Oklahoma City versus Memphis. It’s a battle of relocated franchises. Ten years ago writers covering this series would have spent two weeks in the Pacific northwest; now they’re driving back-and-forth on Interstate 40 through Arkansas.
Both the Grizz and the Thunder made north-south migrations last decade; both moved into small markets; both have a wealth of young talent; and both are giving the Western Conference establishment fits.
But there is one key difference between these two not-so-storied franchises: When the Grizzlies moved from Vancouver to Memphis, they kept their ursine nickname; when Clay Bennett moved his team to Oklahoma, he left “SuperSonics” behind in Seattle.
The “Sonics” nickname was a parting gift for the people of the Emerald City, who will be able to resurrect the moniker if they get another NBA team.
“SuperSonics” is a name specific to Seattle, the home of Boeing. (Boeing recently moved its headquarters to Chicago, but still maintains a major presence in Washington.) When Oklahomans talk about “Sonics,” they’re talking about drive-in restaurants, not breaking the sound barrier. (Sonic, America’s Drive-In, is headquartered in OKC.)
Choosing a new nickname was a good idea. I still wish they would have called the team the Oklahoma City Slickers, but at least they left behind a name that wouldn’t have traveled well.
The Memphis franchise didn’t. The Vancouver Grizzlies became the Memphis Grizzlies, geography be damned.
There are grizzly bears living in British Columbia. I saw one there on a family vacation several years ago. There are no grizzlies within a thousand miles of Memphis. There are some black bears in the Arkansas Ozarks, but the nearest grizzly bears are in Wyoming and Montana. The name should have stayed in Vancouver.
The Memphis team then could have chosen a nickname inspired by Elvis, barbecue, the blues, the Civil Rights Movement, or the Mississippi River (but not FedEx). When Memphis was in contention for an NFL franchise in the 1990s, the city’s proposed name was the Memphis Hound Dogs.
That was a great name. There’s no reason Memphis can’t use it for the city’s basketball team.
The Grizzlies aren’t the first NBA team to stick with a geographically inappropriate nickname.
In 1979 the New Orleans Jazz moved to Utah and kept their nickname. “New Orleans Jazz” was one of the great geographical nicknames in the history of professional sports. “Utah Jazz” is just confusing. Utah is a lovely state, but if I were to rank the 50 states according to how appropriate it would be for that state to have a pro team called the Jazz, Utah would be 47th (ahead of only North Dakota, Wyoming, and Alaska).
If I were David Stern, I would require Utah and New Orleans to swap nicknames. I would then recommend that the Utah Hornets change their name to the Bees, since Utah is the Beehive State.
Since the Lakers have been in Los Angeles for 50 years and have become one of the most successful franchises in professional sports, we forget how inappropriate their nickname is.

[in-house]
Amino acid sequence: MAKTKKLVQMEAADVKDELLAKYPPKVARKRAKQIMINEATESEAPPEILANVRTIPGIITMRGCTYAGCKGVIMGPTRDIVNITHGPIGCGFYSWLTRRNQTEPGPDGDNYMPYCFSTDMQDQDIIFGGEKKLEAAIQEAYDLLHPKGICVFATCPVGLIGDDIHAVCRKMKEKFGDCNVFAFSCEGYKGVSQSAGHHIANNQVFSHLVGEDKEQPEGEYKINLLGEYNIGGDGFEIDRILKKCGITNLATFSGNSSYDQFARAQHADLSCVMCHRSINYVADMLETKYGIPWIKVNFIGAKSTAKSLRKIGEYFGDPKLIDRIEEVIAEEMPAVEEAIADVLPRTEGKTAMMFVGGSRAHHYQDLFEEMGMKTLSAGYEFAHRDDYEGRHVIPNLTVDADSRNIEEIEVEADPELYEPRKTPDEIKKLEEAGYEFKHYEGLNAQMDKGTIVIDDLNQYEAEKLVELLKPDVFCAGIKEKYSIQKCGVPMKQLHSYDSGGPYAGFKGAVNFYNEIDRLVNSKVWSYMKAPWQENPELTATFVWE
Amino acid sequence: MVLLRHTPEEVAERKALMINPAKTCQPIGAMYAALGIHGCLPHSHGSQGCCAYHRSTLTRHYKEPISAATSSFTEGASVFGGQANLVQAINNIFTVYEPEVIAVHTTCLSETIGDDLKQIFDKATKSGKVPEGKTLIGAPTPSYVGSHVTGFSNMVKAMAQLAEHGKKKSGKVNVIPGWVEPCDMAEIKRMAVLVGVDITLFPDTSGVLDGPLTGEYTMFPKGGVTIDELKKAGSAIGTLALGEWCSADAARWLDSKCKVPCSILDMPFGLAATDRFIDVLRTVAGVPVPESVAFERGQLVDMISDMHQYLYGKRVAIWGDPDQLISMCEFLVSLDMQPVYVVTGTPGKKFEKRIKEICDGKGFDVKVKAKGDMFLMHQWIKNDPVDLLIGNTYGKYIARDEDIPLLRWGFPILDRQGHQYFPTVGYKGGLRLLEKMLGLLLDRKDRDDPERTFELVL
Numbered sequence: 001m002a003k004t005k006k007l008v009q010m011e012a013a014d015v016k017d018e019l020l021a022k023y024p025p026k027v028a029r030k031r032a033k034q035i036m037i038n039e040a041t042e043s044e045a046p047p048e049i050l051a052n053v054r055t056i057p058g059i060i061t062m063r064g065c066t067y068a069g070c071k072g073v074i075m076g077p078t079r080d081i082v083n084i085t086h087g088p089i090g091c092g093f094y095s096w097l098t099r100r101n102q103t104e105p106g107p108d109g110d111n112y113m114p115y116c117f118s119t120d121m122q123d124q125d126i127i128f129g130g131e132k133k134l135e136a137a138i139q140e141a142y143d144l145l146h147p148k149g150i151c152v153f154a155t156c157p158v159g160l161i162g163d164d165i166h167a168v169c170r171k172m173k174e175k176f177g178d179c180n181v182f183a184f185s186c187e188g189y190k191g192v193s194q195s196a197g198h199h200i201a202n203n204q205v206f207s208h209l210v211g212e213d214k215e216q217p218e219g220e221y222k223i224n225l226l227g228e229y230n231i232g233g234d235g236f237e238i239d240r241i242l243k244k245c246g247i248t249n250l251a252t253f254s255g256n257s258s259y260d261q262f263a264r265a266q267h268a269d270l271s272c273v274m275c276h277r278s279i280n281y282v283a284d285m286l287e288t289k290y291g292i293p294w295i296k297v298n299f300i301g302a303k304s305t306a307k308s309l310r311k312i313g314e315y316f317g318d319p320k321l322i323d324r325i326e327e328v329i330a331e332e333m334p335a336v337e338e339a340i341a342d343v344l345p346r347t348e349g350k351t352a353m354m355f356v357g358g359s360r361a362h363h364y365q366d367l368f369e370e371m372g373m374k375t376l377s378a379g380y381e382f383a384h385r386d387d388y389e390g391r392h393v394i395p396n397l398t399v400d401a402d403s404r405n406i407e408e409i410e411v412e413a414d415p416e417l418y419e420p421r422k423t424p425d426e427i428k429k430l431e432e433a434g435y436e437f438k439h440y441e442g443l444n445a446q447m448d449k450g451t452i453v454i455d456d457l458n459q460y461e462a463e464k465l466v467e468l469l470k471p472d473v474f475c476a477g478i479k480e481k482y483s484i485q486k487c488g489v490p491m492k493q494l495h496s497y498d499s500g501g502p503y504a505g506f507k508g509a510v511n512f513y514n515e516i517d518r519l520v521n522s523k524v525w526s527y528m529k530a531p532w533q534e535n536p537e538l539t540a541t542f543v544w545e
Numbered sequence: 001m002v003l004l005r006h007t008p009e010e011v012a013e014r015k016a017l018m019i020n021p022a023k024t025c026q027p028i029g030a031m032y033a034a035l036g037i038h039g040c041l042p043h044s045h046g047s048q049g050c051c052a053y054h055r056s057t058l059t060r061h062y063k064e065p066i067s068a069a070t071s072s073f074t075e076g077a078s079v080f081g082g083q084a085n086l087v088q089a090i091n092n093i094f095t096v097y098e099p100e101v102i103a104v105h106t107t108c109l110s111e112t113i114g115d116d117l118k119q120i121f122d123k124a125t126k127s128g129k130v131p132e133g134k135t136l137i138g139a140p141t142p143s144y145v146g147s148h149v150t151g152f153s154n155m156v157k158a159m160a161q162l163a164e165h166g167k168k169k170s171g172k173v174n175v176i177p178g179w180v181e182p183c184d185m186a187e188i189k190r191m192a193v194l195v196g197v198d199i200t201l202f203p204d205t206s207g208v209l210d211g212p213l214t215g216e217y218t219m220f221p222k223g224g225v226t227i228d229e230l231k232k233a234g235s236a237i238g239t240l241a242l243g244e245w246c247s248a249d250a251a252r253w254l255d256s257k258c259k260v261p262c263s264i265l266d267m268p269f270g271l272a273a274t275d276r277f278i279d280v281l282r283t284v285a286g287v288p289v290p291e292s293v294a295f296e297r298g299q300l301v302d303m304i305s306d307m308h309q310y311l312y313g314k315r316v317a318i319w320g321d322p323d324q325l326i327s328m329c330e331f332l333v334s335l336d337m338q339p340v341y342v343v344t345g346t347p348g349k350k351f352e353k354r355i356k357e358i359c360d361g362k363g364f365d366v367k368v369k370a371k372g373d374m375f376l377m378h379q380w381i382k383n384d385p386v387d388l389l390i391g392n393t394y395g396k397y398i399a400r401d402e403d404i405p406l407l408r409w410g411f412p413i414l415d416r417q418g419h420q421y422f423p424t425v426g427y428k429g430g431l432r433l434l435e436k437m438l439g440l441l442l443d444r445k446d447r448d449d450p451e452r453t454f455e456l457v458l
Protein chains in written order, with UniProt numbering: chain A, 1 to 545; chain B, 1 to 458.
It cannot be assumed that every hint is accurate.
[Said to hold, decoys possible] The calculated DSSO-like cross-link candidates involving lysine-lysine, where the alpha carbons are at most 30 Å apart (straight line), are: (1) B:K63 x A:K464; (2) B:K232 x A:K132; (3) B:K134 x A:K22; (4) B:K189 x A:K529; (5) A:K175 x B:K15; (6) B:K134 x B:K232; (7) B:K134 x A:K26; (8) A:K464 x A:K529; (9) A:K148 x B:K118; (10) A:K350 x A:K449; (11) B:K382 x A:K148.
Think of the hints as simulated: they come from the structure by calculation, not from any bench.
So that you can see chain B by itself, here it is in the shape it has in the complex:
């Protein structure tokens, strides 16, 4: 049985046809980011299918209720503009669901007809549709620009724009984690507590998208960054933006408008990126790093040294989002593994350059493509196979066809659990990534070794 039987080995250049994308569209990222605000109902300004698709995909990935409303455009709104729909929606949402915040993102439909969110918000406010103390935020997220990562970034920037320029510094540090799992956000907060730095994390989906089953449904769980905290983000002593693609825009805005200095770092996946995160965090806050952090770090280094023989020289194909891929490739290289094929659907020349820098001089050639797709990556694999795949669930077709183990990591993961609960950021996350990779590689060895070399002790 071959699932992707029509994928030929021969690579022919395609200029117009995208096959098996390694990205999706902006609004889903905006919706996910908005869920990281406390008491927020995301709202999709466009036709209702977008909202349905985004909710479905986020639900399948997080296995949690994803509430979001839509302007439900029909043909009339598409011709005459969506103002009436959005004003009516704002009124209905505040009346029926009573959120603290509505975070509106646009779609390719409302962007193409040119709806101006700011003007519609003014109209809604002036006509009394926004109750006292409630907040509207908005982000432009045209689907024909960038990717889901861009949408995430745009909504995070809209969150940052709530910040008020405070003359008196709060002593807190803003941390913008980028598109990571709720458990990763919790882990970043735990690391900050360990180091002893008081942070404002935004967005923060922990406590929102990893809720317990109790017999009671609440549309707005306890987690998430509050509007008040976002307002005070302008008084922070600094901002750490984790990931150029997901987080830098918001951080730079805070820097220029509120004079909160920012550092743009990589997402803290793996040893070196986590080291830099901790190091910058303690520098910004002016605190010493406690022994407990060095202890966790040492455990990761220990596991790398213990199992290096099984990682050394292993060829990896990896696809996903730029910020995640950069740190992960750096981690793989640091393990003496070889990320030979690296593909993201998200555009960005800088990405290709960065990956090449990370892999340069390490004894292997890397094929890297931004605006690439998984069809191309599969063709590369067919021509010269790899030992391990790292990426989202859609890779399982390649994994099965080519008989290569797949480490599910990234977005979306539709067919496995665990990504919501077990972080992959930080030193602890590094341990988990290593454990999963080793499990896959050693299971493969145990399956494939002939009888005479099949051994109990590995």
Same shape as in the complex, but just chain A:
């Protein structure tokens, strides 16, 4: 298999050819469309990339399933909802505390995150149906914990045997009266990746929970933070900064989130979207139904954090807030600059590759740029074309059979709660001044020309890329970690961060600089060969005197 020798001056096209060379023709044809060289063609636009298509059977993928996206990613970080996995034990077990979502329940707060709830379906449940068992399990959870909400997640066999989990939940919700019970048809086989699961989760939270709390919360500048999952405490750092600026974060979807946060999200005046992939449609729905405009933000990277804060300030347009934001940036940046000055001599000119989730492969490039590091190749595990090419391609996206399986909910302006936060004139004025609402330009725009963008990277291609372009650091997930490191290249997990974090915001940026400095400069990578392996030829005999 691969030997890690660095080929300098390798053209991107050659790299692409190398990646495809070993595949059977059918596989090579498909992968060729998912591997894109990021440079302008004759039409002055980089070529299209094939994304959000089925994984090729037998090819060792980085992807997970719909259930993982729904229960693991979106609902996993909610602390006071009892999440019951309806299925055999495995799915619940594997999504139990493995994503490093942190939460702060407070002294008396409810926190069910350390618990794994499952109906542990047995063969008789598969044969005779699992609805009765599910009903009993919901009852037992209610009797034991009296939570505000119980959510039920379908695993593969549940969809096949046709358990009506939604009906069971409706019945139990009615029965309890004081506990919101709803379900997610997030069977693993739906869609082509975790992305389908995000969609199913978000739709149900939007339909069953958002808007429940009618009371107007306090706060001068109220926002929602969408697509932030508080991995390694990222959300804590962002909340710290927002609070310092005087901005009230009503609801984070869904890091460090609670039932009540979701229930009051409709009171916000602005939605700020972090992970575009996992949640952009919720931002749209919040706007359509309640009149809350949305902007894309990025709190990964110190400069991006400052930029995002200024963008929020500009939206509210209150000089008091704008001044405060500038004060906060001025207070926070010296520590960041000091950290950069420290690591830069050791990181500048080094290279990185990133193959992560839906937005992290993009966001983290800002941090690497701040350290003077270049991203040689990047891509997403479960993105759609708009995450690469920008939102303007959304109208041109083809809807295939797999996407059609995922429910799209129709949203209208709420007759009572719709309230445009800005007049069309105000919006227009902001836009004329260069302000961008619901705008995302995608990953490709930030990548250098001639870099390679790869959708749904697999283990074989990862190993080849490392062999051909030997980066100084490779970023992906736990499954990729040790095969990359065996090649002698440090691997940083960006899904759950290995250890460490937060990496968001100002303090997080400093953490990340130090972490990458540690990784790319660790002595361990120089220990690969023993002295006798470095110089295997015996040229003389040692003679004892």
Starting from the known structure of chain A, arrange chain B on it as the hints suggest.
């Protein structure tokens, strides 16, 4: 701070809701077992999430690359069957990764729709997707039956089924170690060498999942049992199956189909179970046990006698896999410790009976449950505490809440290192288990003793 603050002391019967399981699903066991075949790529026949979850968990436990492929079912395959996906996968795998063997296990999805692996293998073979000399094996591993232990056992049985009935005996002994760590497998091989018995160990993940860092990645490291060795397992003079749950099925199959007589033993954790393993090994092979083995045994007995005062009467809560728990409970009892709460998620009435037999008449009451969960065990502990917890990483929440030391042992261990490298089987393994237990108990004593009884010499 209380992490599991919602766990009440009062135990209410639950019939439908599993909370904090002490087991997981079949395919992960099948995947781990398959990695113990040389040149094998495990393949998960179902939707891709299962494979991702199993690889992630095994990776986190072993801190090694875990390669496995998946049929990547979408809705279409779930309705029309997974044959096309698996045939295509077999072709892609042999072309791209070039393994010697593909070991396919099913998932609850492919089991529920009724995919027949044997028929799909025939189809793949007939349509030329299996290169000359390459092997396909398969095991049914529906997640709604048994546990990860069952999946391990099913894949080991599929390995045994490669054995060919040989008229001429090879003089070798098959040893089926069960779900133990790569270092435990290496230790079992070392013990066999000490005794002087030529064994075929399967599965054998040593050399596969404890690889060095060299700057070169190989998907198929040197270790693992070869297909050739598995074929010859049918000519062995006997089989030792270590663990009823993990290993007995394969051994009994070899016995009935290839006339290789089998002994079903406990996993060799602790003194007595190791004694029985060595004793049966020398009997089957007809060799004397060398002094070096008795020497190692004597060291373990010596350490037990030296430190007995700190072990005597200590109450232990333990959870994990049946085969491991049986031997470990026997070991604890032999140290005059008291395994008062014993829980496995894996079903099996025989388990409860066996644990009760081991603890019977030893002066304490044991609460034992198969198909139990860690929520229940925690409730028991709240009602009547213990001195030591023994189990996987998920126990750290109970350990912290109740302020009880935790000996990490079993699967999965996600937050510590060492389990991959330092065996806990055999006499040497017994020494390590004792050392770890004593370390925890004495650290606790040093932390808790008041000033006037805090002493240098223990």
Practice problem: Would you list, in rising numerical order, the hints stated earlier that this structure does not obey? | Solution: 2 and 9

“Lakers” is a Minnesota name, and it made sense when the team was playing in the Land of 10,000 Lakes. It doesn’t make nearly as much sense in southern California. To what lakes does the name refer? Silver Lake? Toluca Lake? If I were David Stern, I’d probably leave the Lakers alone, but I’d be upset that my two most important franchises have questionable nicknames. (“Celtics” is an adjective pronounced incorrectly and used as a noun.)
Geographically inappropriate monikers don’t tend to be a problem in baseball and hockey.
The Seattle Pilots became the Milwaukee Brewers; the final incarnation of the Washington Senators became the Texas Rangers; the Montreal Expos became the Washington Nationals. In the NHL, the Hartford Whalers became the Carolina Hurricanes; and the Quebec Nordiques became the Colorado Avalanche. All of these teams chose new names that fit the cities they were moving to.
The NFL’s track record is mixed.
The Tennessee Titans rightly dropped the Oilers nickname when they settled in Nashville. There aren’t any oil fields in Tennessee, just hydroelectric dams and nuclear power plants. While I’m sure there are plenty of male sheep in the vicinity of St. Louis, you won’t find bighorn rams in Missouri like you will in California. In a perfect world, St. Louis would have retained the Cardinals nickname (even though that name originally belonged to Chicago) and Arizona would have selected a new one. (I would suggest “Roadrunners.”) “Colts” was a great name for Baltimore, home of the Preakness Stakes. “Colts” is a bit out of place in Indianapolis. But if the Mayflower trucks hadn’t taken Baltimore’s nickname to Indiana, we wouldn’t have the Ravens, perhaps the best geographically inspired nickname in sports today. (The Ravens are named for a poem by Baltimore’s favorite son, Edgar Allen Poe.)
In recent months the Sacramento Kings, Phoenix Coyotes, and Jacksonville Jaguars have all been the subject of relocation rumors. If these teams decide to find a new home, I encourage them to leave their old nicknames behind and select a new name, inspired by their new city.
Josh Tinley is the author of Kneeling in the End Zone: Spiritual Lessons From the World of Sports. Follow him at twitter.com/joshtinley.